The owner of a construction company was likely beaten to death because he wouldn't participate in a corrupt system, said a witness at the Charbonneau Inquiry.

Serge Loiselle and his wife were attacked inside their Salaberry de Valleyfield home in November 2011, and Loiselle later died of his injuries.

He was the owner and president of Ali Excavation, a successful construction company that won contracts throughout the region.

But Gilles Théberge, a now retired manager of Sintra Construction, said Loiselle's success proved his undoing.

According to Théberge, Loiselle was an honest man who refused to take part in the widespread collusion that is rampant in Quebec's construction industry. His refusal to co-operate with other construction companies and artificially inflate prices meant Ali Excavation was easily able to win contracts, and undercut the profit margin of other companies.

Théberge said he believed that angered the leaders of other construction companies in the area, and suspects they arranged for the home invasion that killed Loiselle.

Arm-twisting by Laval's mayor

Théberge also told the inquiry that construction and roadwork companies in Laval didn't have any choice except to be part of a corrupt network.

The retired manager of the road paving firm Sintra has already explained how his car was blown up, and the extensive collusion network that spread throughout Laval and the surrounding area.

He said that former Laval mayor Gilles Vaillancourt directed this network, and met one-on-one with people who ran companies to lay down his law: co-operate with the corrupt system or move out of town.

According to Théberge, Vaillancourt said "If you want to live in Laval and work in Laval, you've got to join the system or else just sell your asphalt company and leave."

But the system was not limited to taking a cut from construction projects and funneling it to the mayor.

On Tuesday Théberge said that the Laval city hall employee who handled the day-to-day business of fixing contracts leaned on contractors for other donations.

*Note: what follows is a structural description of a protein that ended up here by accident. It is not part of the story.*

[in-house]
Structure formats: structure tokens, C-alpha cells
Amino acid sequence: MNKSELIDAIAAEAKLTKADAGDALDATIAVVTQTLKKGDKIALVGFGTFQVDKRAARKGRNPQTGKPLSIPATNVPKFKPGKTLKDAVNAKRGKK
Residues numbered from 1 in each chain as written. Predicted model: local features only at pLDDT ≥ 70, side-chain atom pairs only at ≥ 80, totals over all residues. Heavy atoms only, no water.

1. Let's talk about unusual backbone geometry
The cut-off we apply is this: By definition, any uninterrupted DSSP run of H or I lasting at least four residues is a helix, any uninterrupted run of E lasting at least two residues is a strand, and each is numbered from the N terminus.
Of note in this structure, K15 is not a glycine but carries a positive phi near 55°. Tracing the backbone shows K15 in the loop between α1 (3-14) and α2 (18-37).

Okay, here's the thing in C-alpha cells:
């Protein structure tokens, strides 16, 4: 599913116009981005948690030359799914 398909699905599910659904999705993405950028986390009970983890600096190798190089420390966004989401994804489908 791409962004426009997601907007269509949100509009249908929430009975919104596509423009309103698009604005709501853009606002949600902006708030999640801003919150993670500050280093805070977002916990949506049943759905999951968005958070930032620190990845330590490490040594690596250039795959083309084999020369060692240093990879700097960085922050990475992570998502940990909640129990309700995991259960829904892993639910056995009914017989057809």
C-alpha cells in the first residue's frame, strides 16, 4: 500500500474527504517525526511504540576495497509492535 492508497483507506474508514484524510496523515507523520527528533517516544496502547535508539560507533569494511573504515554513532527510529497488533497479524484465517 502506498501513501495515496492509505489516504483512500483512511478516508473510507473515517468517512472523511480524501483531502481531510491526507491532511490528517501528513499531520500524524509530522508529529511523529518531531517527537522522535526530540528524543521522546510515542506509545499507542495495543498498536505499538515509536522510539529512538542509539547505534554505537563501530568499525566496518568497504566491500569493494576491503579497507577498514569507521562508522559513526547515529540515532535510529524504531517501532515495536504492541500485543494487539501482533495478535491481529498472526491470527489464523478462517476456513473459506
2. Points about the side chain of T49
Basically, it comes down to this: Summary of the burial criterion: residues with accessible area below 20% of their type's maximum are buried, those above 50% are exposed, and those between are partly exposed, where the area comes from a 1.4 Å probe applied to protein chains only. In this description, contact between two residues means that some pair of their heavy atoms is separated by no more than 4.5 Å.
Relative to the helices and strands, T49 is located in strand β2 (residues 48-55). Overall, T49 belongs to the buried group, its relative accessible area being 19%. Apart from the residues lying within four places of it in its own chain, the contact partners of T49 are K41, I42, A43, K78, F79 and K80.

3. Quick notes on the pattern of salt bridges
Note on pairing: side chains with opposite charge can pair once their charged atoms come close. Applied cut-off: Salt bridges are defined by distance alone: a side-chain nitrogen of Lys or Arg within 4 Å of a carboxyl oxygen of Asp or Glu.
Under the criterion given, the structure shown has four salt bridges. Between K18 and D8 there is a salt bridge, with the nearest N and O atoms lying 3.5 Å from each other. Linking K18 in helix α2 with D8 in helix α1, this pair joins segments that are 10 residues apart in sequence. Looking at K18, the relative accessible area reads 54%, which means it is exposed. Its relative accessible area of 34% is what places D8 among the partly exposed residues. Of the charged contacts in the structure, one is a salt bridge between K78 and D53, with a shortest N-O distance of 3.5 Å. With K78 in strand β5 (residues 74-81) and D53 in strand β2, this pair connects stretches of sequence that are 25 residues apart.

Claude Deguise pressured companies to donate money for the Cosmodome, and contractors were also required to buy tickets for a lobster dinner fundraiser for the Marcel Vaillancourt Foundation.

Transport Quebec was ripped off

Theberge said that provincial bureaucrats were given gifts like fishing trips in order to get them to share privileged information about upcoming contracts.

The inquiry has already been told about rampant corruption of municipal officials but has only barely begun looking into activity at the provincial level.

It was told Tuesday that trips organized for Quebec Transport Department officials helped a Montreal road construction company reel in millions of dollars in contracts.

Theberge said that regional directors of the Transport Department benefited from salmon-fishing trips as well as steak and oyster dinners where tips on upcoming contracts were obtained.

Asphalt companies were seeking to split up their territories, basing the dividing lines on the proximity of contracts to their plants, Theberge told the commission.

Theberge said he was aware of collusion by companies in paving work but that didn't affect other construction projects run by the provincial ministry.

He said that his company courted mayors, regional transport officials and CEOs at dinners and recalled having lunch with officials from Montreal and several other smaller communities who told him about upcoming projects.

The information helped him to prepare his budget and he says it was passed on to other companies as well. He said it was all made public shortly after, in any event.

His testimony comes months after the inquiry heard that meals, hockey tickets, vacations and even prostitution services were offered to municipal bureaucrats around Montreal. This was in addition to illegal donations funnelled to municipal political parties.

Sintra is one of the dominant players in the asphalt sector and other work with the Transport Department, snagging at least $1.6 billion in contracts between 1997 and 2012, according to figures tabled by the inquiry.

It was followed in importance by DJL, which took in $1 billion, said Claudine Roy, a commission lawyer.

"We see that 50 per cent of these contracts is distributed to about 19 companies," Roy said. "Sintra got about a quarter of the contracts offered by the Transport Department."

Sintra got about $863 million of its total for paving work, followed by DJL, which got $518 million.

Theberge acknowledged that the Transport Department was Sintra's biggest customer, accounting for 60 per cent of its revenue.

He said the collusion did not explain a stunning increase in the price of asphalt in 2000.

The City of Montreal was hit with an 80 per cent increase in asphalt prices that year, with asphalt provided by Sintra, DJL and Simard-Beaudry costing the city $4.7 million.

A memorandum presented to the commission noted that there had been a "significant decrease" in the cost of asphalt in 1998 and tenders in 1999 reflect that. Tenders solicited in January 2000 reflects the increase from 1999.

He said the first meeting of the asphalt cartel he'd described only occurred in 2000.

With files from The Canadian Press